At this year's annual South by Southwest film and music festival in Austin, Texas, some musicians from Mali were on hand to promote a film about how their lives were upturned by jihadists who destroyed ancient treasures in the city of Timbuktu and prohibited anyone from playing music under threat of death. As VOA’s Greg Flakus reports from Austin, some are afraid to return to their hometowns even though the jihadists are no longer in control there.
Video

Video Film Tells Story of Musicians in Mali Threatened by Jihadists

At this year's annual South by Southwest film and music festival in Austin, Texas, some musicians from Mali were on hand to promote a film about how their lives were upturned by jihadists who destroyed ancient treasures in the city of Timbuktu and prohibited anyone from playing music under threat of death. As VOA’s Greg Flakus reports from Austin, some are afraid to return to their hometowns even though the jihadists are no longer in control there.
Video

Video With Coalition Airstrikes, Iraq Entering 'Last Page' of IS Battle

American warplanes joined Iraq's battle against the so-called 'Islamic State' in northern Iraq late Wednesday, as Iraqi ground troops launched a massive assault on Tikrit. Analysts say the offensive could take the coalition a step further towards Mosul, the largest city held by Islamic State forces. Others say it could also deepen already-dangerous sectarian tensions in the region. VOA's Heather Murdock has more from Cairo.
Video

Video Philippines Wants Tourists Spending Money at New Casinos

Tourism is a multi-billion dollar industry in the Philippines. Close to five million foreign visitors traveled there last year, perhaps lured by the country’s tropical beaches. But Jason Strother reports from Manila that the country hopes to entice more travelers to stay indoors and spend money inside new casinos.
Video

Video Civilian Casualties Push Men to Join Rebels in Ukraine

The continued fighting in eastern Ukraine and the shelling of civilian neighborhoods seem to be pushing more men to join the separatist fighters. Many of the new recruits are residents of Ukraine made bitter by new grievances, as well as old. VOA's Patrick Wells reports.
Video

Video Islamic State Prisoners Talk of Curiosity, God, Regret

Islamic State fighter, a prisoner of Kurdish YPG forces, asked his family asking for forgiveness: "I destroyed myself and I destroyed them along with me." The Syrian youth was one of two detainees who spoke to VOA’s Kurdish Service about the path they chose; their names have been changed and identifying details obscured. VOA's Zana Omer reports.
Video

Video Germanwings Findings Raise Issue of Psychological Testing for Pilots

More is being discovered about the co-pilot in the crash of Germanwings Flight 9525 in the French Alps. Investigators say he was hiding a medical condition, raising questions about the mental qualifications of pilots. VOA's Carolyn Presutti reports.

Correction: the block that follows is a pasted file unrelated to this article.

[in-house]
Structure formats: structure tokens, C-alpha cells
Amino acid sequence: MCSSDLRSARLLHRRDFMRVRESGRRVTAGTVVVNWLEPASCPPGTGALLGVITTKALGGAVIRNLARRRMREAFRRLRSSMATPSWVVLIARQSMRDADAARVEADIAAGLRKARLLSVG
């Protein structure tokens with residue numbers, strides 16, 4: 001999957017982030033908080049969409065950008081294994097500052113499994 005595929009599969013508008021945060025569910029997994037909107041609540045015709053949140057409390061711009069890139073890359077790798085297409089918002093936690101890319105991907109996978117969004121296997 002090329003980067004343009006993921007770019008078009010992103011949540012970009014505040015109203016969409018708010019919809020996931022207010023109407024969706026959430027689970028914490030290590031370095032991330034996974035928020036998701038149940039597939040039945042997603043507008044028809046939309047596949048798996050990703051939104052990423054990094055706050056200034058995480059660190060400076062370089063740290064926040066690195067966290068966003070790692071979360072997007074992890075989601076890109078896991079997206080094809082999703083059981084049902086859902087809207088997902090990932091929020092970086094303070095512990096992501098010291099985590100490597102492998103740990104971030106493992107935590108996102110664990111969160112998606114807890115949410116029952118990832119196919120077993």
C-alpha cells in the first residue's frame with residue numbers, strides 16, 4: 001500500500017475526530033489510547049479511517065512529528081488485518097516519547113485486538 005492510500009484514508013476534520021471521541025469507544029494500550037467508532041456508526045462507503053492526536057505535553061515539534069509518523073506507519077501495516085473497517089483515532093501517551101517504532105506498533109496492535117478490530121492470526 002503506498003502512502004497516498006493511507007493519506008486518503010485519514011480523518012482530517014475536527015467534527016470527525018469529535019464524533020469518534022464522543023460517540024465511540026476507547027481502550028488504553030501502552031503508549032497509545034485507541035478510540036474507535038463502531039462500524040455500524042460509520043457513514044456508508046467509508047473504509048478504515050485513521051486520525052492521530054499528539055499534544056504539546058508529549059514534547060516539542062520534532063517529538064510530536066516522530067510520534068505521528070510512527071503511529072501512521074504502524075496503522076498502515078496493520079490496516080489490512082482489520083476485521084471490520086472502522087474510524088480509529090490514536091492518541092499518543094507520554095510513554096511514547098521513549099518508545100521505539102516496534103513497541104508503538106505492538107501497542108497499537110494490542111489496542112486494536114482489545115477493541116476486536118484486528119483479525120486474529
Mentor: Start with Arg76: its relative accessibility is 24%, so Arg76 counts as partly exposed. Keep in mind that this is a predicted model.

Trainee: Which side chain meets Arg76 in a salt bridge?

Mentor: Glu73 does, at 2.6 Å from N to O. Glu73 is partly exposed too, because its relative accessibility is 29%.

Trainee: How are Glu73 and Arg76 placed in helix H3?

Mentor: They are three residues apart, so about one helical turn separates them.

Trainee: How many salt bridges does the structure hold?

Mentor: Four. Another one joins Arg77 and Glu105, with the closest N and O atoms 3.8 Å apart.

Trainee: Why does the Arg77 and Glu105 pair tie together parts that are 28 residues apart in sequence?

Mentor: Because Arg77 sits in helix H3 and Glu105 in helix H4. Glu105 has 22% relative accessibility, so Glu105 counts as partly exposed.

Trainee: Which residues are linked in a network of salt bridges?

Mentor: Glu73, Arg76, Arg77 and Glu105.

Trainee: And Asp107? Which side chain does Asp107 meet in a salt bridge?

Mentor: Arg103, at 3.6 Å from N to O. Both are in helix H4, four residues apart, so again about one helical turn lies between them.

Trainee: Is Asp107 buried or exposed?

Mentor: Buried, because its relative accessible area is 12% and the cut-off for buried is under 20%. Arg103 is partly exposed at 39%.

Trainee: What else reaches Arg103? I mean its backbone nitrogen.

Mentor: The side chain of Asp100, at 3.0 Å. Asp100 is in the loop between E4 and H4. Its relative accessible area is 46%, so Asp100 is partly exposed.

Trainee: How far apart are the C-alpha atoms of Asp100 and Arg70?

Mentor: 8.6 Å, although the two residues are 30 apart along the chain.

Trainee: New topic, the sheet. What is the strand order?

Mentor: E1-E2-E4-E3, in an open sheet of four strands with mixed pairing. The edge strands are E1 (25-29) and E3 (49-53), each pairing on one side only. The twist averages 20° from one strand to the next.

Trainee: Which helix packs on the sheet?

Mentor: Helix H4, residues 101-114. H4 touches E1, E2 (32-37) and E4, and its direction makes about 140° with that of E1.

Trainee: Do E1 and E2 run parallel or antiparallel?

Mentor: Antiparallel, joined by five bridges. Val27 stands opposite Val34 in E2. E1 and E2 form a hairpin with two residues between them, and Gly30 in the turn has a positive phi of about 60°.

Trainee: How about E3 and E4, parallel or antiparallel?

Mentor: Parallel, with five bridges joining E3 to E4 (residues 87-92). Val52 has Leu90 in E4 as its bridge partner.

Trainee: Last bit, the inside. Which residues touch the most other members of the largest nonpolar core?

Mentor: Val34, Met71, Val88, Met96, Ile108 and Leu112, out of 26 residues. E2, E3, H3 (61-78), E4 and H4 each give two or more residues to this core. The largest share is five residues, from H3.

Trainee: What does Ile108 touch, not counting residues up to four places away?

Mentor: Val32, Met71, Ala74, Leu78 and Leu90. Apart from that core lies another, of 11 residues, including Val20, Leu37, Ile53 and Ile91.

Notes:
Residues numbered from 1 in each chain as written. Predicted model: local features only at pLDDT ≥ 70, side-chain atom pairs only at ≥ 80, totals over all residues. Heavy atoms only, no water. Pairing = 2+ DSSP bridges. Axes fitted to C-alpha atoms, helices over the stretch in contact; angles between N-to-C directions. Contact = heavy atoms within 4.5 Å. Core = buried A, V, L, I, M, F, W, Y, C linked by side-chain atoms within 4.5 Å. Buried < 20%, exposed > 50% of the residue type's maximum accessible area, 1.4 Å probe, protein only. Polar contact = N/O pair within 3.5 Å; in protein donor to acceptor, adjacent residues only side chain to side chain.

Video

Video Hi-tech Motorbike Helmet's Goal: Improve Road Safety

In cities with heavily congested traffic, people can get around much faster on a motorcycle than in a car. But a rider who is not sure of his route may have to stop to look at the map or consult a GPS. A Russian start-up company is working to make navigation easier for motorcyclists. Designers at Moscow-based LiveMap are developing a smart helmet with a built-in navigation system, head-mounted display and voice recognition. Zlatica Hoke has more.
Video

Video DOJ: Illinois National Guard Soldier Tried to Join ISIS

U.S. federal law enforcement agents arrested two suburban Chicago men accused of trying to join ISIS overseas, while also plotting attacks in the United States. As VOA’s Kane Farabaugh reports from the Midwest state of Illinois, one of those arrested is a soldier of the Illinois National Guard.
Video

Video New Wheelchair Is Easier to Use, Increases Mobility

Traditional push-rim wheelchairs create a lot of stress for arm, shoulder and neck muscles and joints. A redesigned chair, based on readily available bicycle technology, radically increases mobility while reducing the physical effort. VOA’s George Putic reports.
Video

Video Liberia's Almost Last Ebola Patient Grateful but Still Grieving

Beatrice Yardolo was to make history as Liberia’s last Ebola patient. Liberians recently started counting down 42 days, the period that has to go by without a single new infection until the World Health Organization can declare a country Ebola-free. That countdown stopped on March 20 when there was another new case of Ebola, making Yardolo’s story a reminder that Ebola is far from over. Benno Muchler reports from Monrovia.
Video

Video Cambodian Land Grabs Threaten Traditional Communities

Indigenous communities in Cambodia's Ratanakiri province say the government’s economic land concession policy is taking away their land and traditional way of life, making many fear that their identity will soon be lost. Local authorities, though, have denied this is the case. VOA's Say Mony went to investigate and filed this report, narrated by Colin Lovett.
Video

Video Space Program Status Disappoints 'Last Man on the Moon'

One of the films that drew big crowds last week at the annual South by Southwest festival in Austin, Texas, tells the story of the last human being to stand on the moon, U.S. astronaut Eugene Cernan. It has been 42 years since Cernan returned from the moon and he laments that no one else has gone there since. VOA’s Greg Flakus reports.

VOA Blogs

Circumventing Censorship

An Internet Primer for Healthy Web Habits

As surveillance and censoring technologies advance, so, too, do new tools for your computer or mobile device that help protect your privacy and break through Internet censorship.
More